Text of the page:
No Offseason for Bishops’ Londot

Multi-sport athlete excels at time management, academics

Tamra Londot ’14: A three-sport athlete. (Photos by Sara Blake)

Tamra Londot ’14 is part of a rare group of OWU athletes who participates in three sports at the collegiate level. She plays volleyball, basketball, and softball, and is an integral part of each team.

“She’s one of our leaders for sure,” said Stacey Reed, head women’s basketball coach.

Head softball coach Cassie Cunningham added that Londot’s work ethic separates her from many other athletes, and cited her passion for competition as one of her great leadership qualities.

While playing three sports presents many challenges, Londot said that the support of her coaches helps her get through each season.

“All my coaches are behind me 100 percent,” said Londot. She also said that she is fortunate to be allowed the opportunity to play three sports. And her coaches believe that multi-sport athletes often can be better recruits.

“Not only do multi-sport recruits build additional skill sets, but it also keeps them very active in their offseason, which is good for building time management for college academics,” said head volleyball coach Taryn Haas.

Basketball coach Reed agreed with Haas, adding that multi-sport athletes also are usually better recruits because of the experiences they gain from being on other teams.

Of all the sports she plays, Londot said that softball is the hardest to pick up in the middle of the season because she is a pitcher. Softball coach Cunningham had a different view, saying the fact that Londot is a pitcher helps make the transition much easier than it would be for a hitter.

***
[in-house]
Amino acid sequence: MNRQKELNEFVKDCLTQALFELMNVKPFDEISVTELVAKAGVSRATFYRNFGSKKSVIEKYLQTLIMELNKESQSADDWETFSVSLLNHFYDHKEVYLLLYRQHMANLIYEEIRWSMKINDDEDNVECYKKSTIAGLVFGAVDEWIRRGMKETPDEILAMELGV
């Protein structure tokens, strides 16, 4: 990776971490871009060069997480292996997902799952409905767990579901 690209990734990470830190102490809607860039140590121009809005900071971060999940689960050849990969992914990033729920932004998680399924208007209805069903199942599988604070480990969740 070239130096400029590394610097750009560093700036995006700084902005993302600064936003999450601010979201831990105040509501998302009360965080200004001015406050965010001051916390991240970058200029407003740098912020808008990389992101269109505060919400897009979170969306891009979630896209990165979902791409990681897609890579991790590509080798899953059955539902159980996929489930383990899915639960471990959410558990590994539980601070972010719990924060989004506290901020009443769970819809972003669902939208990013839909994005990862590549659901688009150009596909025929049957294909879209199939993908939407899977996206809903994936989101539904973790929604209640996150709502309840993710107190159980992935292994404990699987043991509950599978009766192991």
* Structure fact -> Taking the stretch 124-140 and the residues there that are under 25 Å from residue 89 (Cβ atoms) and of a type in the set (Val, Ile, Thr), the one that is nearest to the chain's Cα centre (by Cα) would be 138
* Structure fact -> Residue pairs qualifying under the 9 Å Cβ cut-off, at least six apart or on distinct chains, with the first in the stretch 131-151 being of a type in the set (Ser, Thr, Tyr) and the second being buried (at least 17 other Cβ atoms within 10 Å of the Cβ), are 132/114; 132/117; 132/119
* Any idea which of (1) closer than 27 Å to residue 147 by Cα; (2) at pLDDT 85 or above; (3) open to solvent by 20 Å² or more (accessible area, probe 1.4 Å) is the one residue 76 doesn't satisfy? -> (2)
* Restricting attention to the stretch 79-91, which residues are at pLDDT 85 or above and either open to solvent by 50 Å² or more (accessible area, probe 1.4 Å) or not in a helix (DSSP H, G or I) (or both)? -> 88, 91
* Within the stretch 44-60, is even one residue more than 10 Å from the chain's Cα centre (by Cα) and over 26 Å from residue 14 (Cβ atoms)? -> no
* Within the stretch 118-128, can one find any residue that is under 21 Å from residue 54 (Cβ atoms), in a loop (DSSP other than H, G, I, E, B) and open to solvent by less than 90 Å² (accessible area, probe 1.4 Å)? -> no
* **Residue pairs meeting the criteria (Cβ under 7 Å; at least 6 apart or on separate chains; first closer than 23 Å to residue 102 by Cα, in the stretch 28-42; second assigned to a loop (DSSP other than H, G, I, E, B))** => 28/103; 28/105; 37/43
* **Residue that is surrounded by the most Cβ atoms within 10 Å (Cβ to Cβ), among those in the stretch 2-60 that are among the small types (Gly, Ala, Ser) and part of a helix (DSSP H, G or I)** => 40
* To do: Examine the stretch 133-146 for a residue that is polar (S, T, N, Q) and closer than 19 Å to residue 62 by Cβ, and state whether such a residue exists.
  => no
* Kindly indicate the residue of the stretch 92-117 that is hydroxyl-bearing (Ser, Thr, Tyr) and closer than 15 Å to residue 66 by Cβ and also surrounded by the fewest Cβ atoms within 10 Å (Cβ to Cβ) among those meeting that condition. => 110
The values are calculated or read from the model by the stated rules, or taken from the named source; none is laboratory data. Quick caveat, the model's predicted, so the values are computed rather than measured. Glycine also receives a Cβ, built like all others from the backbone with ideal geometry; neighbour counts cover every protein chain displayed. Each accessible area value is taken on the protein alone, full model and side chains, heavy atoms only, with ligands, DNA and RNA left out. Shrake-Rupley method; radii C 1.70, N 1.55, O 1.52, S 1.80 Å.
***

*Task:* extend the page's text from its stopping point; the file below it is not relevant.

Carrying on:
Reed commented that Londot makes good preparations while the team is transitioning, which makes it easier to become integrated into the rotation once her volleyball season ends.

Although she likes all three sports she plays, Londot believes there is one sport for which her skills are much higher than her other two sports. “Basketball, for sure,” she says, is her best sport. She led the team in points per game (9.6) and ranked second on the team in rebounds per game (6.6) last season.

Conventional wisdom says that playing many sports can take up time, decreasing academic performance. Londot insists that doing three sports has helped her time management skills tremendously, and her grades are usually better when she is busier.

Londot’s time management skills will be put to the test even more next year, as all three of her coaches expect her to become an even more influential leader, especially in volleyball.

After her playing career comes to an end, Londot said she is very interested in coaching either basketball or volleyball at the Division III college level.

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